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Games without fans are ‘not an option’ for the Isotopes

David Dahl, left, greets teammates before his Colorado Rockies played the host Albuquerque Isotopes in an exhibition on March 25, 2019 at Isotopes Park. The chances for Isotopes baseball in 2020 remain up in the air. (Roberto E. Rosales/Journal file)

Negotiations aimed at getting a modified 2020 Major League Baseball season started are giving fans a guarded sense of optimism this week. For minor league franchises like the Albuquerque Isotopes, only uncertainty remains.

Major league owners and players are reportedly considering a plan to begin a shortened season in July. The proposal could include games without fans in attendance and may not allow for minor league schedules.

Isotopes general manager John Traub remains hopeful that Triple-A baseball can be played this summer, but he realizes coronavirus restrictions make things doubly difficult for minor league clubs.

“Playing in front of no fans is not an option for us,” Traub said Monday. “All minor league baseball revenue models are built around attendance. Unless there’s some kind of television deal put in place, I can’t see that happening.”

Further complicating things is that Albuquerque competes in the Triple-A Pacific Coast League, which typically involves plenty of commercial airline travel. Extensive travel has been curtailed during the pandemic, although possible adjustments for PCL teams could be worked out, Traub said.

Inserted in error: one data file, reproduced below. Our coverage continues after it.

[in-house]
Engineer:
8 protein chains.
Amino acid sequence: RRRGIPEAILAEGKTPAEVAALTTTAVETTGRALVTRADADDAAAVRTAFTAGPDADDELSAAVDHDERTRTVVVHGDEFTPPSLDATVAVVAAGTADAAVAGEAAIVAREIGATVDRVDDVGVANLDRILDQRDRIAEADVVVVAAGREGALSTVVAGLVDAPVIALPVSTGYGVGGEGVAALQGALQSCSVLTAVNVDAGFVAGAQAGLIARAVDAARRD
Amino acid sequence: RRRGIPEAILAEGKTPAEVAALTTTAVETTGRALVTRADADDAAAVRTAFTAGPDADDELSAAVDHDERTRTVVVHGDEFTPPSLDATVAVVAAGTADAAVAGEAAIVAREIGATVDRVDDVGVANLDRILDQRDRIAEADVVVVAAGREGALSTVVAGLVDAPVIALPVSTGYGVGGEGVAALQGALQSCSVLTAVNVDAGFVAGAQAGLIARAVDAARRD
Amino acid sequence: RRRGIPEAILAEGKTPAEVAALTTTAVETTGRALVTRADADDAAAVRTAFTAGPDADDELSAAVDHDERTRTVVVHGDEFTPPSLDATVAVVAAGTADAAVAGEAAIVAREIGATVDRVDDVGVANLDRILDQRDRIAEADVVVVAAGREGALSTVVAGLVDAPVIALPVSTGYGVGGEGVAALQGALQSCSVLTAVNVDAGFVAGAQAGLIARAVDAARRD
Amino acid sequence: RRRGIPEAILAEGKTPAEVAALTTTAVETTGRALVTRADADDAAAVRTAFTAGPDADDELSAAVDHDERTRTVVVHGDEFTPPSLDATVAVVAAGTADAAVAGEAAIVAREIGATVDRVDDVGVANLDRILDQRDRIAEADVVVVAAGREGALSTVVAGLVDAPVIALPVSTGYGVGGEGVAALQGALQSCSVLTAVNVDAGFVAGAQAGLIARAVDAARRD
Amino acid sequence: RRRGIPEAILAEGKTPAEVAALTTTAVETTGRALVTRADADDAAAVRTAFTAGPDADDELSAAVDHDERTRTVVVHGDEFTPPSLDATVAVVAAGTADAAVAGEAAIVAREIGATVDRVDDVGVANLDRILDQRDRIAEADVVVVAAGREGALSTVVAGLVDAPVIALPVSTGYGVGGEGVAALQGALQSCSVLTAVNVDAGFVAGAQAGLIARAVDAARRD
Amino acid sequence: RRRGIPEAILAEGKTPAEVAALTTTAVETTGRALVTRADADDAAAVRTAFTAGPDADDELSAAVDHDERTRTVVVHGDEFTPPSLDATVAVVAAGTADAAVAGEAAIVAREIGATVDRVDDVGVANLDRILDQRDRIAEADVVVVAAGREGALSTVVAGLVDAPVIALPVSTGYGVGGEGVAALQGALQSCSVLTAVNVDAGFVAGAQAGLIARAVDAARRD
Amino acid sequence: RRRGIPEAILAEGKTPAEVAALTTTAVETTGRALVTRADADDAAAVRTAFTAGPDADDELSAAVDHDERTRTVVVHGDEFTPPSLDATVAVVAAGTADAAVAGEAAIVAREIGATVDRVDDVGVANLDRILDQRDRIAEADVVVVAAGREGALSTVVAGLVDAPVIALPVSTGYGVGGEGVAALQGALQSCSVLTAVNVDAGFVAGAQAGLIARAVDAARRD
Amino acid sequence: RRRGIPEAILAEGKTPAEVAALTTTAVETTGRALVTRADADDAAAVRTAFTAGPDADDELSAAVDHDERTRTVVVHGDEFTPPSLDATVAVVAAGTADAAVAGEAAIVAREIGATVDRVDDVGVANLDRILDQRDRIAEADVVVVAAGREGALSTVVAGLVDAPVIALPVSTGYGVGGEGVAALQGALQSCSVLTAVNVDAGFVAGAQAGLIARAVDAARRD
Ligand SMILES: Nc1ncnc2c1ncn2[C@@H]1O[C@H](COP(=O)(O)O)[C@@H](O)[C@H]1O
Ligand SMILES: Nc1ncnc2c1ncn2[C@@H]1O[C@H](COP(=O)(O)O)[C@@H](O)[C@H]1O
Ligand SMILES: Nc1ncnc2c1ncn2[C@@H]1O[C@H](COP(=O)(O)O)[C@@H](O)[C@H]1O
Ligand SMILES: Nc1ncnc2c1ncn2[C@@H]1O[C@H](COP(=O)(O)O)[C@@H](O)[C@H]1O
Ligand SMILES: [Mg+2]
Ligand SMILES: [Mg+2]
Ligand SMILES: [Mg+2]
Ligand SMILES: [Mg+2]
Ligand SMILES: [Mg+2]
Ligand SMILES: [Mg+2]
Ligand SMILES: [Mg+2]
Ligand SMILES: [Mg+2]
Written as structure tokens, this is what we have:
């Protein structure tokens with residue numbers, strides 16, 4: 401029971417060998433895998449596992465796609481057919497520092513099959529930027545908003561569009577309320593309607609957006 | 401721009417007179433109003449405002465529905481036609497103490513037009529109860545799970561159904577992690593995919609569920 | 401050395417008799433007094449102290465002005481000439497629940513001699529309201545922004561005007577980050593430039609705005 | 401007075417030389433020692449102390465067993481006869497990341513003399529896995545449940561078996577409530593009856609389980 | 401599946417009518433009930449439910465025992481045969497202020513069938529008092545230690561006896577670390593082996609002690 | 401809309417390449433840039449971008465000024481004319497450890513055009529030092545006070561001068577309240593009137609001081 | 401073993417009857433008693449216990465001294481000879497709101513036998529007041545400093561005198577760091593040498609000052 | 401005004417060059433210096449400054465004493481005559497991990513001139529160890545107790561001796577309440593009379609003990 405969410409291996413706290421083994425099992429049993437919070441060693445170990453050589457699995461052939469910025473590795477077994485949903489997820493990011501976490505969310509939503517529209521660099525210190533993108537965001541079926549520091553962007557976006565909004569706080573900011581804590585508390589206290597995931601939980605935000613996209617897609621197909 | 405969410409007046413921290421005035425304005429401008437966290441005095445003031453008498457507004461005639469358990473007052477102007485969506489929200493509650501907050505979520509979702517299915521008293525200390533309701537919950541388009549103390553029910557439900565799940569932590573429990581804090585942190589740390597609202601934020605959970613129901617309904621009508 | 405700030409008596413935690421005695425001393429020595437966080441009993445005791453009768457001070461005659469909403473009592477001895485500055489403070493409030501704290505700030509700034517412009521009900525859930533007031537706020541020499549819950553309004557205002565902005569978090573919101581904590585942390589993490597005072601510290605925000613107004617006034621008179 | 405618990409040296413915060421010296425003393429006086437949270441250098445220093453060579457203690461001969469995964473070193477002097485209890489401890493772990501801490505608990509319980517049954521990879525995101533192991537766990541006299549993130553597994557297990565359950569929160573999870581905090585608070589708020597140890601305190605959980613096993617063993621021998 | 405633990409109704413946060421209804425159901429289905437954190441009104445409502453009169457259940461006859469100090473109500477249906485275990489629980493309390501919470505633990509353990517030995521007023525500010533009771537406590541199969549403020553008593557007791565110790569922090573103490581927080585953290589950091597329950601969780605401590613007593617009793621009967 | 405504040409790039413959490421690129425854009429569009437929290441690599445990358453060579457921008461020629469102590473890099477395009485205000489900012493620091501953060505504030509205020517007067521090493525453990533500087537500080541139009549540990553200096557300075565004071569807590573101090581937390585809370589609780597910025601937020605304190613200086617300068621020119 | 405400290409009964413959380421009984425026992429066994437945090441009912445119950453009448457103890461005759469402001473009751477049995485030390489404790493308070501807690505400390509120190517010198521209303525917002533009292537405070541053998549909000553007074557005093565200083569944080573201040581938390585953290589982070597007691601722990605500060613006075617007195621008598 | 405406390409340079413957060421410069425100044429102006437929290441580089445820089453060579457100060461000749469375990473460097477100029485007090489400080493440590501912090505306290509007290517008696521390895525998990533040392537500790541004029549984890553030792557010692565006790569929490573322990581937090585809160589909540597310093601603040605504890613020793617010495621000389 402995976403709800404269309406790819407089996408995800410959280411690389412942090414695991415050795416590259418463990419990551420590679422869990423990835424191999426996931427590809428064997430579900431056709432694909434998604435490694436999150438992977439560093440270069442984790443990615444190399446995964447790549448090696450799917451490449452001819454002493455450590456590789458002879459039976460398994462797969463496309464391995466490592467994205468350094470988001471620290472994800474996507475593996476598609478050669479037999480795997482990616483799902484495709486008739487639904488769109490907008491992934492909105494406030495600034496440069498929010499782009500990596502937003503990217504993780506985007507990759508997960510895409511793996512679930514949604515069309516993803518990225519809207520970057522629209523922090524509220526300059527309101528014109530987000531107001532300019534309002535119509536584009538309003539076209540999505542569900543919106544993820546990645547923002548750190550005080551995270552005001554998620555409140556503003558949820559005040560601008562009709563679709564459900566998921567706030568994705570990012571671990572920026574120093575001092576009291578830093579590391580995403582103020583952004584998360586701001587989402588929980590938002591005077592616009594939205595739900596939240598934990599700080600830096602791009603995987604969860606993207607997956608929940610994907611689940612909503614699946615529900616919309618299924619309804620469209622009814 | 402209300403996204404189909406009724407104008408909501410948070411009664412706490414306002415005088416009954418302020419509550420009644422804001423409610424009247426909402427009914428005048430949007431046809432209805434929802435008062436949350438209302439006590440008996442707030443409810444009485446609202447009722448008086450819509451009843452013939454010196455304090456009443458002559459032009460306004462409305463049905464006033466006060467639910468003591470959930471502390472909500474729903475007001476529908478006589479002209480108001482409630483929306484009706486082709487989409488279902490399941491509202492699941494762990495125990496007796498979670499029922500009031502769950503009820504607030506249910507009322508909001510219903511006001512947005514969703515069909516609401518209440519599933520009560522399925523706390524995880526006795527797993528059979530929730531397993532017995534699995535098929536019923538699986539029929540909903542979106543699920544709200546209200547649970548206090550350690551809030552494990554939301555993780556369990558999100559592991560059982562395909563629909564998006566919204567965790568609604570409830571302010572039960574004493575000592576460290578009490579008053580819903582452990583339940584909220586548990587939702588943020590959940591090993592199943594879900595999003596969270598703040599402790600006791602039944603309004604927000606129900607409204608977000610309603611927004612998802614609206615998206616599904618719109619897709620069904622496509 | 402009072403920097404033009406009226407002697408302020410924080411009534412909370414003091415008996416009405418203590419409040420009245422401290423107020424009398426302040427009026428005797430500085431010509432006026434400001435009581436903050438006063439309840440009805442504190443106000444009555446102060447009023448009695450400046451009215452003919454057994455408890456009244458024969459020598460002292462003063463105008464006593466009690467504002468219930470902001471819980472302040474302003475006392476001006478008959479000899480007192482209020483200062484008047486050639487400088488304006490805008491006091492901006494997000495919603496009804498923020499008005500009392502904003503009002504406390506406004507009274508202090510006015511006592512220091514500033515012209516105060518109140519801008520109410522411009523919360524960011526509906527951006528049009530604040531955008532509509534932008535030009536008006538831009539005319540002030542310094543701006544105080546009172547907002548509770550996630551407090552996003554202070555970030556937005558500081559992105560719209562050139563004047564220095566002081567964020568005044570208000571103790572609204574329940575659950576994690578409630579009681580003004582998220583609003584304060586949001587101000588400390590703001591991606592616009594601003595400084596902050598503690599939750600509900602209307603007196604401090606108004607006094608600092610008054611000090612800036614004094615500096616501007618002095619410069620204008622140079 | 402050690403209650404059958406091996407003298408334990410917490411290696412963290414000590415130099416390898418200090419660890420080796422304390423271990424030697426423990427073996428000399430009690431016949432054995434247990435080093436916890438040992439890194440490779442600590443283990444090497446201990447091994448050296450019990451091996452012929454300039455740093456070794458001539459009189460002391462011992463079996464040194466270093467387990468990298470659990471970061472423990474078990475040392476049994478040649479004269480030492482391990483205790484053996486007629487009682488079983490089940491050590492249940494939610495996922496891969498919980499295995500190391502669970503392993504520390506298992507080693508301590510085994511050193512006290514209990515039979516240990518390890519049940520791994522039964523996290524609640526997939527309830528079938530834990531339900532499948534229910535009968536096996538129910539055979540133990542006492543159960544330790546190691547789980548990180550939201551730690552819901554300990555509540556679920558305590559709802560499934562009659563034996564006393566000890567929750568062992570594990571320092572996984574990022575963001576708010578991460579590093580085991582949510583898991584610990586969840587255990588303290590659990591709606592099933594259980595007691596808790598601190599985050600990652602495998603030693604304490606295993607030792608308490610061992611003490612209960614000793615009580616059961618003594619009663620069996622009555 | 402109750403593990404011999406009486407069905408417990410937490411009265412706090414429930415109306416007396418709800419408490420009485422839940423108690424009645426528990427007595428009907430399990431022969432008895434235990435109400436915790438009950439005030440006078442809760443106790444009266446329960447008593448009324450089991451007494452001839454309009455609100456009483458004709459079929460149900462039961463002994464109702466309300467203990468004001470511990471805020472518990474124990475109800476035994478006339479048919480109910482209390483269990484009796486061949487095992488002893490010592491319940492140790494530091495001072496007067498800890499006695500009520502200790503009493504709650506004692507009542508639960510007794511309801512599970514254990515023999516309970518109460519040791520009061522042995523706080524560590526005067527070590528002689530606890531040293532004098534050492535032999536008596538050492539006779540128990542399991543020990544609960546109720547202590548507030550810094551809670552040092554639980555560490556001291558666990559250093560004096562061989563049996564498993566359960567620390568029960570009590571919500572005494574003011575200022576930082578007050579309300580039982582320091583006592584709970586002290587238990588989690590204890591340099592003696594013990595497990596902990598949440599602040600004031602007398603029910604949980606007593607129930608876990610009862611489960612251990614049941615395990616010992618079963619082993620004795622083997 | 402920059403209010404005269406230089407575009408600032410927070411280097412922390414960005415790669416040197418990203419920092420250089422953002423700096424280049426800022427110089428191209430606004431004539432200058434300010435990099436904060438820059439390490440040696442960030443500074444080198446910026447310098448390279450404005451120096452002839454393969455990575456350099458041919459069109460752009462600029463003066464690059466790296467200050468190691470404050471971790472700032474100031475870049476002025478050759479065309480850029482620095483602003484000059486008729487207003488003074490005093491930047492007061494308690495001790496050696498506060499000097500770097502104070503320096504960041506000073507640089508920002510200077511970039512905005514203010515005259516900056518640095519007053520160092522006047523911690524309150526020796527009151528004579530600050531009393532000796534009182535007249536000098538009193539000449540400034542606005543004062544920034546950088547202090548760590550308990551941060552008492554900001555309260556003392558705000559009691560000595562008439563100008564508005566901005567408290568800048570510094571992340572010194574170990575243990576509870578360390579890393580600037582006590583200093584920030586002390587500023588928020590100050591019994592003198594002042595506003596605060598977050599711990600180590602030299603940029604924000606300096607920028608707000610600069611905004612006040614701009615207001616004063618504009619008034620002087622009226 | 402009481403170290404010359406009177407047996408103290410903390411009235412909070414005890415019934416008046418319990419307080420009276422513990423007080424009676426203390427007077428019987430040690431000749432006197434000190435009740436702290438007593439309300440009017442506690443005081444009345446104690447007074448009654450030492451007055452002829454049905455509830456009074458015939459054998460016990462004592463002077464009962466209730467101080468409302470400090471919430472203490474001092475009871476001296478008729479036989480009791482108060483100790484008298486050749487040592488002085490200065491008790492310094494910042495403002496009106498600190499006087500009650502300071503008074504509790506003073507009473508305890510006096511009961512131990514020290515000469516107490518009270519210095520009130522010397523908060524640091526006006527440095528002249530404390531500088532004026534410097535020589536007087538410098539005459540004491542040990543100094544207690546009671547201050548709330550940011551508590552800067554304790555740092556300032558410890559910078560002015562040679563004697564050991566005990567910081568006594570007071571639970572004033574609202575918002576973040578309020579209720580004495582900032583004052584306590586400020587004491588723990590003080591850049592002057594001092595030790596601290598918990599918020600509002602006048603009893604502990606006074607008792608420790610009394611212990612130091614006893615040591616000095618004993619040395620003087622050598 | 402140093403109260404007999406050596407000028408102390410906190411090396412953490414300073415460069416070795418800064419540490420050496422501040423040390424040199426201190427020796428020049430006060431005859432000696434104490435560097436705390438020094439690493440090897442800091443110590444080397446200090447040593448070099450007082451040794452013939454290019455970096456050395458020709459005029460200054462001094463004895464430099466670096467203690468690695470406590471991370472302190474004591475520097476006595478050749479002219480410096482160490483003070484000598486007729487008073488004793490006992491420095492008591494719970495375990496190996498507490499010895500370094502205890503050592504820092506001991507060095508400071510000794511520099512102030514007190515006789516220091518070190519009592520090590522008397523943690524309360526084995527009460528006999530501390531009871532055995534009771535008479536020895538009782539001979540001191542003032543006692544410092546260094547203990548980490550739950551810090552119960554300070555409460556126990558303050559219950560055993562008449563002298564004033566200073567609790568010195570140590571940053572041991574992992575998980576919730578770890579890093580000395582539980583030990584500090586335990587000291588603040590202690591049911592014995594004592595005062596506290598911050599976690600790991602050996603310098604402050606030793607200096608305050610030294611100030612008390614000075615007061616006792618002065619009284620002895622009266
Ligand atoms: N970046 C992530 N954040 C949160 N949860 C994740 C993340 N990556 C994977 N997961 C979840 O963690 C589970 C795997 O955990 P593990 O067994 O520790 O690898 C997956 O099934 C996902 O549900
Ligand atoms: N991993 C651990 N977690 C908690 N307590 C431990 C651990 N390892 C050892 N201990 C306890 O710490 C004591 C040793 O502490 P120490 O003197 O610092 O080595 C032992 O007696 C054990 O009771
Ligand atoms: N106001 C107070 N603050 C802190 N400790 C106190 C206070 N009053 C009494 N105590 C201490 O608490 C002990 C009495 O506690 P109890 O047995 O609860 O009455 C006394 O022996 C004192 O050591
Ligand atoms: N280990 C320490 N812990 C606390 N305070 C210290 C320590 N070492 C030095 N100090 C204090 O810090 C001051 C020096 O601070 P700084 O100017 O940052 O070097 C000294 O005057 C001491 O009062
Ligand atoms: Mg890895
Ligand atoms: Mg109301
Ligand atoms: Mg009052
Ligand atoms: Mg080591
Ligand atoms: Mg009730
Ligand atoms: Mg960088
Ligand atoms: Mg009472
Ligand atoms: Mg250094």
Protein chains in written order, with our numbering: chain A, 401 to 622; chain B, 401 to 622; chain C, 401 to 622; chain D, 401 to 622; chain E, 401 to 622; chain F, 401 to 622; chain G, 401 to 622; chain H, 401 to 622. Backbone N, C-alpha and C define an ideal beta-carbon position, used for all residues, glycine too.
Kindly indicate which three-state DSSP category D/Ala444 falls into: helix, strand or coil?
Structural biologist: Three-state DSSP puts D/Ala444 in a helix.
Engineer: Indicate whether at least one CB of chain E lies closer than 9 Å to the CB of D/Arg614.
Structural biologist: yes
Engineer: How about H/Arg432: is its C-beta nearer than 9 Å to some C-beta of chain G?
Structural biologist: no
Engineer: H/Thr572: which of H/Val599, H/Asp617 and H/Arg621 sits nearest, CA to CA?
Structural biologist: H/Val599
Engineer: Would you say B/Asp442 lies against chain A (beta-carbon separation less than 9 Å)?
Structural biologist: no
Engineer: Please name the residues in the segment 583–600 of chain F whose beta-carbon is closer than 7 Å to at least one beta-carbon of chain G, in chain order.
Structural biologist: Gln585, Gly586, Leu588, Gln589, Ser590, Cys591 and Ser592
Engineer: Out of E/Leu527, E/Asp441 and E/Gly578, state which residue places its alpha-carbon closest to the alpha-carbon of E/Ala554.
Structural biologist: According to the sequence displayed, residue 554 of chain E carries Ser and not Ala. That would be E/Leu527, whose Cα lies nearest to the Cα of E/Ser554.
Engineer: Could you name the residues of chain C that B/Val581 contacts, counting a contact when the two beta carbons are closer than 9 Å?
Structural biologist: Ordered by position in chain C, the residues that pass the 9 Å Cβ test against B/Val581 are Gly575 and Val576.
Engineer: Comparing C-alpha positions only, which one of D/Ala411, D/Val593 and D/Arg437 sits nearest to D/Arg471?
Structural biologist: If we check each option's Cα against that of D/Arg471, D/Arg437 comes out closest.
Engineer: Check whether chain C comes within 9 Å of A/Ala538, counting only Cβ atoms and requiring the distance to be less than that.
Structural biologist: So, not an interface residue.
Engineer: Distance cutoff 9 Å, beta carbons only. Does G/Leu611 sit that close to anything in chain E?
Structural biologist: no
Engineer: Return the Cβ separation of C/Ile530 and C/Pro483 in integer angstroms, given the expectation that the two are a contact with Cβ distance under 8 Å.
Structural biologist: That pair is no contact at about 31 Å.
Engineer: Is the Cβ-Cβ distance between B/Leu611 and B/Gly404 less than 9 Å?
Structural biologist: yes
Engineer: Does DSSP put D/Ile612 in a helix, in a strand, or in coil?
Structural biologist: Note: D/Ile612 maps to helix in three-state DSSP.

“We could potentially change the schedule and divisions and become a bus league,” Traub said, “with us playing El Paso, Las Vegas and Salt Lake. All those things are under discussion, but at this point we’ve gotten no indication of what Major League Baseball’s plan is for the minor leagues.”

In the meantime, Traub is staying in touch with Isotopes sponsors, suite holders and fans, providing whatever limited updates he can. The club released a video on YouTube on Saturday with Traub addressing some commonly asked questions about the 2020 season.

Traub said he has heard of various possible scenarios that include a shortened Triple-A season. It has also been suggested that selected minor leaguers might play only at major league spring training facilities if and when big-league competition starts.

Rather than address the various scenarios, Traub prefers to wait for MLB and government health officials to make their respective calls.

“All we can do is be patient and stay ready,” Traub said. “It would be nice to have at least a fluid plan in place, and I’m hoping that will come soon. I’m very confident baseball will be played this summer, but what that will look like and how it will impact the minor leagues I really don’t know.”

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